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Grey Grasswren Amytornis barbatus
BirdLife is updating this factsheet for the 2016 Red List
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Although this species may have a restricted range, it is not believed to approach the thresholds for Vulnerable under the range size criterion (Extent of Occurrence <20,000 km2 combined with a declining or fluctuating range size, habitat extent/quality, or population size and a small number of locations or severe fragmentation). Despite the fact that the population trend appears to be decreasing, the decline is not believed to be sufficiently rapid to approach the thresholds for Vulnerable under the population trend criterion (>30% decline over ten years or three generations). The population size has not been quantified, but it is not believed to approach the thresholds for Vulnerable under the population size criterion (<10,000 mature individuals with a continuing decline estimated to be >10% in ten years or three generations, or with a specified population structure). For these reasons the species is evaluated as Least Concern.

Taxonomic source(s)
Christidis, L.; Boles, W. E. 2008. Systematics and taxonomy of Australian birds. CSIRO Publishing, Collingwood, Australia.

Distribution and population
This species is found in Queensland, New South Wales and South Australia, Australia. Nominate barbatus has a restricted distribution of c.100 km2 on the floodplain of the Bulloo River on the New South Wales-Queensland border. Subspecies diamantina is found in the Lake Eyre Basin, south-western Queensland and north-eastern South Australia.

Population justification
The global population size has not been quantified, but the species is reported to be rare in Queensland and South Australia and vulnerable in New South Wales (Higgins et al. 2001). The nominate barbatus may number c.15,000 individuals.

Trend justification
This population is suspected to be in decline owing to ongoing habitat degradation (del Hoyo et al. 2007).

Cattle grazing is considered a threat, particularly in dry years, but stock numbers have probably been higher in the past. Diversion of water from the Bulloo River may be a threat in the future but is not currently planned (Garnett and Crowley 2000). Though subspecies diamantina's habitat of swampy shrubland is fragmented, it is extensive, and does not appear to have been degraded by pastoralism, the primary land-use (Garnett 1992).

del Hoyo, J.; Elliott, A.; Christie, D. 2007. Handbook of the Birds of the World, vol. 12: Picathartes to Tits and Chickadees. Lynx Edicions, Barcelona, Spain.

Garnett, S. 1992. Threatened and extinct birds of Australia. Royal Australasian Ornithologists' Union and Australian National Parks and Wildlife Service, Moonee Ponds, Australia.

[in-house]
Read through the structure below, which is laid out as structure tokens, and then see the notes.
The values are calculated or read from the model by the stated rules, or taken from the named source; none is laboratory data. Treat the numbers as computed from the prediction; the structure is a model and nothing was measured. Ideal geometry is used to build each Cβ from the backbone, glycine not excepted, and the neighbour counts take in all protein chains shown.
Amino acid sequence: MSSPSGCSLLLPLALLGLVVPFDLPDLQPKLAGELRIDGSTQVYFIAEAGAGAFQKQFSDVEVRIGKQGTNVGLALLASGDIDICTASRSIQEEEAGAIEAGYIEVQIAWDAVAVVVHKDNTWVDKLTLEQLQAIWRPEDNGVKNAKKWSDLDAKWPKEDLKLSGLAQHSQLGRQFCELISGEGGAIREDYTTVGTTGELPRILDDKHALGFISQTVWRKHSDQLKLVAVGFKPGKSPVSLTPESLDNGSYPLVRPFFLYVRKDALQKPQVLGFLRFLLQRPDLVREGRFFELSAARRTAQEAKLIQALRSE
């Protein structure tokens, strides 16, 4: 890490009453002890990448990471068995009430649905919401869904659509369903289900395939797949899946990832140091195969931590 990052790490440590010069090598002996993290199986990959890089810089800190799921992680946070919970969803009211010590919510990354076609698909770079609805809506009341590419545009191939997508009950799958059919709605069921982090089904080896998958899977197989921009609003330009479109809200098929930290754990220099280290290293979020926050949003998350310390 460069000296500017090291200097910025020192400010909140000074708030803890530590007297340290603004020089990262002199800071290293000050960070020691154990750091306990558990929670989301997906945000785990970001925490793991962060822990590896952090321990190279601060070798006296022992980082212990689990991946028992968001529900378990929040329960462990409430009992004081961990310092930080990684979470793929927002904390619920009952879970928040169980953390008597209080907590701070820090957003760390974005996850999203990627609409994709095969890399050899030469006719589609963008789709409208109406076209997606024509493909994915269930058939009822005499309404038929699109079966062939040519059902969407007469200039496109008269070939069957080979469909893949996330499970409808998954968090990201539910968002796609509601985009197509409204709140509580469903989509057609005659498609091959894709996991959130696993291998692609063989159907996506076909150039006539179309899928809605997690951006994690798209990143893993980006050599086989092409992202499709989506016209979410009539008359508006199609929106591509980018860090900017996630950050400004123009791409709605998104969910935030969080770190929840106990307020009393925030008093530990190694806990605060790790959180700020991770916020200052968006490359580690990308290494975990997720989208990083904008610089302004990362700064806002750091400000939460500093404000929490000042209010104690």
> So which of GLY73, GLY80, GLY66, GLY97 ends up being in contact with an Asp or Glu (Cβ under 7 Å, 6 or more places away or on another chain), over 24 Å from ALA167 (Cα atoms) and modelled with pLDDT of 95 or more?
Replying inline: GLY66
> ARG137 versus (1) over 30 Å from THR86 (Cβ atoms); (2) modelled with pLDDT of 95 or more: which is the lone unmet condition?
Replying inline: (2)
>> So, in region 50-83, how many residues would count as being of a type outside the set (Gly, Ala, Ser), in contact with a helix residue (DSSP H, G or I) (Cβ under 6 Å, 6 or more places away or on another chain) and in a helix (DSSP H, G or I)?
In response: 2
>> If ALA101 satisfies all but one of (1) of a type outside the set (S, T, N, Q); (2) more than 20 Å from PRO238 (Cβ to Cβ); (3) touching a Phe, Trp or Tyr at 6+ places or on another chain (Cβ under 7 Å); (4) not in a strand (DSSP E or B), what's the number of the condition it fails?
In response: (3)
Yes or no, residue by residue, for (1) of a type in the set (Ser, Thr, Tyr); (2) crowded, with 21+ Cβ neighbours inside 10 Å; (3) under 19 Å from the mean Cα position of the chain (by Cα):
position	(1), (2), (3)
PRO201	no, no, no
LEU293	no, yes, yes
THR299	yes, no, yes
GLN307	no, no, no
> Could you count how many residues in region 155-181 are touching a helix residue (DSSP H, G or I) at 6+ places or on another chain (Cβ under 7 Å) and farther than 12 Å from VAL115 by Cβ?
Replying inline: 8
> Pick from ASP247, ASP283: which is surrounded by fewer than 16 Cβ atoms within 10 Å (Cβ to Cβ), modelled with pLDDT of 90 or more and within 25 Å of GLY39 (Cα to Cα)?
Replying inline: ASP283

Garnett, S. T.; Crowley, G. M. 2000. The action plan for Australian birds 2000. Environment Australia, Canberra.

Higgins, P. J.; Peter, J. M.; Steele, W. K. 2001. Handbook of Australian, New Zealand and Antarctic Birds: Tyrant-flycatchers to Chats. Oxford University Press, Oxford.

Further web sources of information
Explore HBW Alive for further information on this species

View photos and videos and hear sounds of this species from the Internet Bird Collection

Text account compilers
Ekstrom, J., Butchart, S., Harding, M., Fisher, S.

IUCN Red List evaluators
Butchart, S., Symes, A.

Recommended citation
BirdLife International (2016) Species factsheet: Amytornis barbatus. Downloaded from on 20/10/2016. Recommended citation for factsheets for more than one species: BirdLife International (2016) IUCN Red List for birds. Downloaded from on 20/10/2016.

This information is based upon, and updates, the information published in BirdLife International (2000) Threatened birds of the world. Barcelona and Cambridge, UK: Lynx Edicions and BirdLife International, BirdLife International (2004) Threatened birds of the world 2004 CD-ROM and BirdLife International (2008) Threatened birds of the world 2008 CD-ROM. These sources provide the information for species accounts for the birds on the IUCN Red List.

To provide new information to update this factsheet or to correct any errors, please email BirdLife

To contribute to discussions on the evaluation of the IUCN Red List status of Globally Threatened Birds, please visit BirdLife's Globally Threatened Bird Forums.

Key facts
Current IUCN Red List category Least Concern
Family Maluridae (Australasian wrens)
Species name author Favaloro & McEvey, 1968
Population size Unknown mature individuals
Population trend Decreasing
Distribution size (breeding/resident) 55,900 km2
Country endemic? Yes
Links to further information
- Additional Information on this species